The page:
This is an interesting one since its sort of multi-layered for me. [Locust drummer] Gabe Serbian and I wrote the song in a couple minutes, initially for something to use in Asia Argento’s film Incompresa. Gabe is my non-biological brother and I feel that him and I work well together and are usually on the same page with things when it comes to music and art. Since it was written as a bass-, drums-, and vocals-only song, and even thought it was for Asia’s film, I wanted to have the lyrics reflect who I think myself and Gabe are, and our existence in this world. I also think Asia fits in to that lyrical content as well. With that being said, there is an obvious references to Gabe and I in the lyrics, which is learning how to fly with one wing. The song later on somehow morphed into a Head Wound City song, with a slightly different title, slightly different lyrics which [Head Wound City vocalist] Jordan Blilie re-worked, and essentially ended up becoming a completely different piece due to the players, the instrumentation, and the structure changing to accommodate a full band and straying away from it originally being a short piece for a film score. So for me, to listen to what Head Wound City did with the basic track, and then to look back and reference where it came from, it has a lot of interesting aspects to it.

Radical Humiliation

This was my take on the concept of how hate is not actually the opposite of love, it’s apathy. It addresses negativity, and in my mind I wanted to show how negativity goes somewhere, which is at times better than apathy, or being stagnant. It presents movement, even by negative elements. I tried to utilize a couple basic ideas and topics, like burning bridges, in light of negativity bringing change in one’s world. But then I also wanted to address some sort of boring and pathetic elements, such as getting a C as a grade, and half committing to things, which a lot of us humans seem to do. The two verses end on words that don’t finish, and the last one is a play on words, that is, if you consider “Shhhhhhhhh” a word. Perhaps I still don’t know what I’m doing lyrically, but I amuse myself at times, this being one of them. Humiliation is something we should all embrace, and omit the ego in our collective worlds if possible. Then perhaps hate and love can be seen on a progressive platform.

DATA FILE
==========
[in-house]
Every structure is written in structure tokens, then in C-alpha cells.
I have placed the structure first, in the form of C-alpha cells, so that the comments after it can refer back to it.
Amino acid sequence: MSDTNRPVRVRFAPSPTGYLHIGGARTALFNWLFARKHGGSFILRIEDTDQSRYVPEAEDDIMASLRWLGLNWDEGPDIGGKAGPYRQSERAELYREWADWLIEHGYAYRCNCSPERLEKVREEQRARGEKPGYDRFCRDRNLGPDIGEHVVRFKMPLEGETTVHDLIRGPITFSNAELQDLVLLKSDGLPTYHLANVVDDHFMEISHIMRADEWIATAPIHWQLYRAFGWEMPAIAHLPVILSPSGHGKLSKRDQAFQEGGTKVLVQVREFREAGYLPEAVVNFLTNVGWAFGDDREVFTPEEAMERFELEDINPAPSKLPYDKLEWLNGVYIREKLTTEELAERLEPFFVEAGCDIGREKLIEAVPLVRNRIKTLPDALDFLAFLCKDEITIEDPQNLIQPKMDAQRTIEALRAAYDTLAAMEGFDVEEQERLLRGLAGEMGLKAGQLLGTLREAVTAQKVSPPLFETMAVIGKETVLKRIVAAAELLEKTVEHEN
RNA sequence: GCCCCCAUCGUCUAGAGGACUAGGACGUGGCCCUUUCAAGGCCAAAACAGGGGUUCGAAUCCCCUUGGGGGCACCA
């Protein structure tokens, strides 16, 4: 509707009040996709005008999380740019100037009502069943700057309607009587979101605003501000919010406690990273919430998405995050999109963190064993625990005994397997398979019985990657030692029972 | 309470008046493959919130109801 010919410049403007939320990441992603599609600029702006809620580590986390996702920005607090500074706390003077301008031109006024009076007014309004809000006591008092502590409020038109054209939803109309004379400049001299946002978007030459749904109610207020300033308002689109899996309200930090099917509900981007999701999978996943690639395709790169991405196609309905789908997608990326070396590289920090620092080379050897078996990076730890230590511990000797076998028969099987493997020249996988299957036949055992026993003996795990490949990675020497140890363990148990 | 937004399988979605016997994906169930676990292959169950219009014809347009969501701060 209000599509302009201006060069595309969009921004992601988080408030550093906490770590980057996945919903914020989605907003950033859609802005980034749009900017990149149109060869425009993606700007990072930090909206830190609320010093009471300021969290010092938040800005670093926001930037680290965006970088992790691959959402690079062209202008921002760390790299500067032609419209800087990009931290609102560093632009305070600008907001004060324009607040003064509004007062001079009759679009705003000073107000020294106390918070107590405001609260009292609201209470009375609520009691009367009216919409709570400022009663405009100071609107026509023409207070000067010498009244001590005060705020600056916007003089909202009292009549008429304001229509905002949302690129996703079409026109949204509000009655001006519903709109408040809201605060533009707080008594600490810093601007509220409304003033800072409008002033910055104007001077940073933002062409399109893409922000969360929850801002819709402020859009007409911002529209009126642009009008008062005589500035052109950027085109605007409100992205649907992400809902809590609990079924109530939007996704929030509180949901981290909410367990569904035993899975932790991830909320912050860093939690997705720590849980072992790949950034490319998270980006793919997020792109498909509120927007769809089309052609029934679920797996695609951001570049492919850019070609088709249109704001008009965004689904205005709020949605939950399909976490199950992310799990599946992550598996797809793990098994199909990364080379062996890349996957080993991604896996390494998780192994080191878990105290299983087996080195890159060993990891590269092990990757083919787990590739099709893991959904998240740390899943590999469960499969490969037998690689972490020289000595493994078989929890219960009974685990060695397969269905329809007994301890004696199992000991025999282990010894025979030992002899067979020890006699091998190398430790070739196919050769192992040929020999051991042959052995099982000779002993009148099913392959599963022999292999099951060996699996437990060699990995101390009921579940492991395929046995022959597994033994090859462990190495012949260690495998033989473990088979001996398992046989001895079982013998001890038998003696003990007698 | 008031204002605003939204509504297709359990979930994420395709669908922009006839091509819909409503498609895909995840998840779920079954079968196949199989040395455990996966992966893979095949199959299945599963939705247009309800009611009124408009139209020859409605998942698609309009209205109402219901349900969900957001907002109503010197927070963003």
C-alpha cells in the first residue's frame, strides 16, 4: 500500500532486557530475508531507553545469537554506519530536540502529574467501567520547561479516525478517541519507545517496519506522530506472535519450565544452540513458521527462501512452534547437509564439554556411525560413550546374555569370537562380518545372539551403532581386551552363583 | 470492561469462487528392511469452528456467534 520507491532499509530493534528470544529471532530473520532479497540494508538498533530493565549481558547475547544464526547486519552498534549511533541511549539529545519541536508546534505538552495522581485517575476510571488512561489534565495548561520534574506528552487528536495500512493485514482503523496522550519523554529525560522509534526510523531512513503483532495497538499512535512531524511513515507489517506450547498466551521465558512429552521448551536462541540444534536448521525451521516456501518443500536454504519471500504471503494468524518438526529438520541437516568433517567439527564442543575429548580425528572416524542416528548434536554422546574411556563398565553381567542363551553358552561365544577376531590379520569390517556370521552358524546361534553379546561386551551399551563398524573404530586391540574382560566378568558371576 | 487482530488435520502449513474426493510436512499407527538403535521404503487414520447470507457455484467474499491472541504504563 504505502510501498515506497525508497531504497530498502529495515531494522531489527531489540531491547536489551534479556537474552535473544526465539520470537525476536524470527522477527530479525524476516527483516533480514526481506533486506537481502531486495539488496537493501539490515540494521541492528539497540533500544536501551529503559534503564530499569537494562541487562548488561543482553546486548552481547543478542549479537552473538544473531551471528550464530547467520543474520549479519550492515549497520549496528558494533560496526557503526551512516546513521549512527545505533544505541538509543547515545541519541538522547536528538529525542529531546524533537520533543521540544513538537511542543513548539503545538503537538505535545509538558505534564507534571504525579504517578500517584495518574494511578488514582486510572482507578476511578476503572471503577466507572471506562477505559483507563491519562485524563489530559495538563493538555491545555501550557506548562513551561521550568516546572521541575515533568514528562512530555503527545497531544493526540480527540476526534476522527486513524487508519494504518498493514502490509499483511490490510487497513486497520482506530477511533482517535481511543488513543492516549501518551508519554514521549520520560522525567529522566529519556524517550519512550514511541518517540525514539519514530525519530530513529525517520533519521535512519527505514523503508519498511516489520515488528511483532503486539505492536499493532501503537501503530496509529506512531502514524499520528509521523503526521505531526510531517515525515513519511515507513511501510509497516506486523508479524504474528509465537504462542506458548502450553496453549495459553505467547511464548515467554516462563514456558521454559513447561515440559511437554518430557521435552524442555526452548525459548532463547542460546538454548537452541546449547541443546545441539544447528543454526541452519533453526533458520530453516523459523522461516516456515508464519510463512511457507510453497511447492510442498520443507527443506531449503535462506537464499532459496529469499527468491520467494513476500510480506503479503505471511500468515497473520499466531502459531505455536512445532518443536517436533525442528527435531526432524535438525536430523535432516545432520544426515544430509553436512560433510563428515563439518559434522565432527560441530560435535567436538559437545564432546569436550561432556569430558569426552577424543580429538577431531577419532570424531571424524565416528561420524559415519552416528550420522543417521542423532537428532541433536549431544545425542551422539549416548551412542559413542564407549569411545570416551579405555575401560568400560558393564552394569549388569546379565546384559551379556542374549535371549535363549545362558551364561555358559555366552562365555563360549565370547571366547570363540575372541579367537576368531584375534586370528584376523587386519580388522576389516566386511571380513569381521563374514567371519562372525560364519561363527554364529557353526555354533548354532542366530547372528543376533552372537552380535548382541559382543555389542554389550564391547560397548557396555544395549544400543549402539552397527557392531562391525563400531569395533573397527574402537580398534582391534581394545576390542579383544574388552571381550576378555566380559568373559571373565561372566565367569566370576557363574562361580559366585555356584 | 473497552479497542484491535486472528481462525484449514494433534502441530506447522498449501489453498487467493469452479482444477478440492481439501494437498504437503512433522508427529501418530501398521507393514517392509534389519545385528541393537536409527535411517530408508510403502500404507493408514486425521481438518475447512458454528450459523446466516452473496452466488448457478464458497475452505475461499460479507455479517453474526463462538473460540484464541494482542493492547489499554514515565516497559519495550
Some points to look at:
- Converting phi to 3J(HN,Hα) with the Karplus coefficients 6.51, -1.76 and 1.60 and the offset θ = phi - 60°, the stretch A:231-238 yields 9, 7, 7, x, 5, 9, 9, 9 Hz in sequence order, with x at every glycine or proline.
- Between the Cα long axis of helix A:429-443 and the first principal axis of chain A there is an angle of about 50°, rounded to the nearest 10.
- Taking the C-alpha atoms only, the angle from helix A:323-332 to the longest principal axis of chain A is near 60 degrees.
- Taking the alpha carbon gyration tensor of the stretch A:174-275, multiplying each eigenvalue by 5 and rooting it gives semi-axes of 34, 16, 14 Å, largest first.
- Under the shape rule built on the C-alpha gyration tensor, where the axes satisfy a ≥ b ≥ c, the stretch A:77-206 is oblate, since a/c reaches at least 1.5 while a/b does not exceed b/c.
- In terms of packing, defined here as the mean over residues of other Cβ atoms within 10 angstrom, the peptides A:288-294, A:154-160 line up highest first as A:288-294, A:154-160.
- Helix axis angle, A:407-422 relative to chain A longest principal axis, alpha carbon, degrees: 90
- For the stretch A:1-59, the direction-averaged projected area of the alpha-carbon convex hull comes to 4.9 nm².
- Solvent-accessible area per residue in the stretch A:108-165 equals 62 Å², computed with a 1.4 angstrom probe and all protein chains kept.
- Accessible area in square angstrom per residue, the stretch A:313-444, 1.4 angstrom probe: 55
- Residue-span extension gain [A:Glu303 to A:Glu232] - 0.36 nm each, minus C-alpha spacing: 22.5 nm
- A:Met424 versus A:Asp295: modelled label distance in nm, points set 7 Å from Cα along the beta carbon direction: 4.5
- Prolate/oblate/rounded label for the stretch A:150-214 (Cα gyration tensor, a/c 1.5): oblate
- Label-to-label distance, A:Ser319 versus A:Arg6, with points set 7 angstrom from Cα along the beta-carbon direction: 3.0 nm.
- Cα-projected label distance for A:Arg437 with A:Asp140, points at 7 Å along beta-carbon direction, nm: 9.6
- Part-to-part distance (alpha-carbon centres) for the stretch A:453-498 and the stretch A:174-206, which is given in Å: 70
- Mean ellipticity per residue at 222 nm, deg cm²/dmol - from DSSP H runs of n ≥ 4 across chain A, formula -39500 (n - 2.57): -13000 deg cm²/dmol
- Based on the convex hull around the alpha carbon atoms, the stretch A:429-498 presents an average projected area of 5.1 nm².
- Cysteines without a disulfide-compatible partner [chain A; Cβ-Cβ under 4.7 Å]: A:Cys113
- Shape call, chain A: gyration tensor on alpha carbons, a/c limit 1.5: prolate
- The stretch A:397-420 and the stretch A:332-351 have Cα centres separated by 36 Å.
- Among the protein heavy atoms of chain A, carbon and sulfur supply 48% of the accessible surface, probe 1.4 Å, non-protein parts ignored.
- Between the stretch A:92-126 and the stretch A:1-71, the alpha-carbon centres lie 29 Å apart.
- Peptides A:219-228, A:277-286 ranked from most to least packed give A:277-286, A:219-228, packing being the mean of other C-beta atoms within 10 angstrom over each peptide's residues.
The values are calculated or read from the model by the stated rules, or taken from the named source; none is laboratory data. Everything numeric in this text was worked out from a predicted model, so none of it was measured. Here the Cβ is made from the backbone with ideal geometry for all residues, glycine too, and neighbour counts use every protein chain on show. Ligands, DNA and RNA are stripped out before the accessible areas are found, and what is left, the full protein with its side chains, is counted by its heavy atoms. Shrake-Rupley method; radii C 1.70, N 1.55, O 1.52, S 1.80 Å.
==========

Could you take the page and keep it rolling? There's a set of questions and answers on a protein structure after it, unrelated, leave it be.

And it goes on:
The Beginning is Near

I think most of my lyrics are fairly dark, and over time I hear that I tend to write in the realm of dark humor, which I think is a compliment. I see that here, since this piece was about my life from childhood up until current times, as it’s part of a song by Planet B that has yet to be released. It addresses my childhood and the odd parenting that I received, and broadens to a general view of the world, and, moreso, man in general. Where it probably comes off as completely pessimistic, I meant for it to be the complete opposite. I see humor in some of the phrasing, and some of the words and descriptions that I used, which add that element of humor… in my opinion. The chorus says, “The beginning is near, now watch man disappear.” Take it as you will, because as arrogant and shitty we humans are… The thing is, where I was coming from when I wrote this was me addressing the loss of one of my best friends, and how she will live on in this world forever. I’m an atheist, but her energy is in me and her friends and family. And that energy changed me, and those changes transfer into how I live my life and that affects things around me, and so on and so forth. Perhaps this is my piece about “spiritual awakening,” or perhaps it’s just a middle finger to us humans since we might not be capable of pulling this shit off like we think we can. Either way, dogs are better than humans.

The post Justin Pearson Releases New Book, Looks Back on Provocative Musical Career appeared first on Decibel Magazine.

Justin Pearson Releases New Book, Looks Back on Provocative Musical Career
Justin Pearson Releases New Book, Looks Back on Provocative Musical Career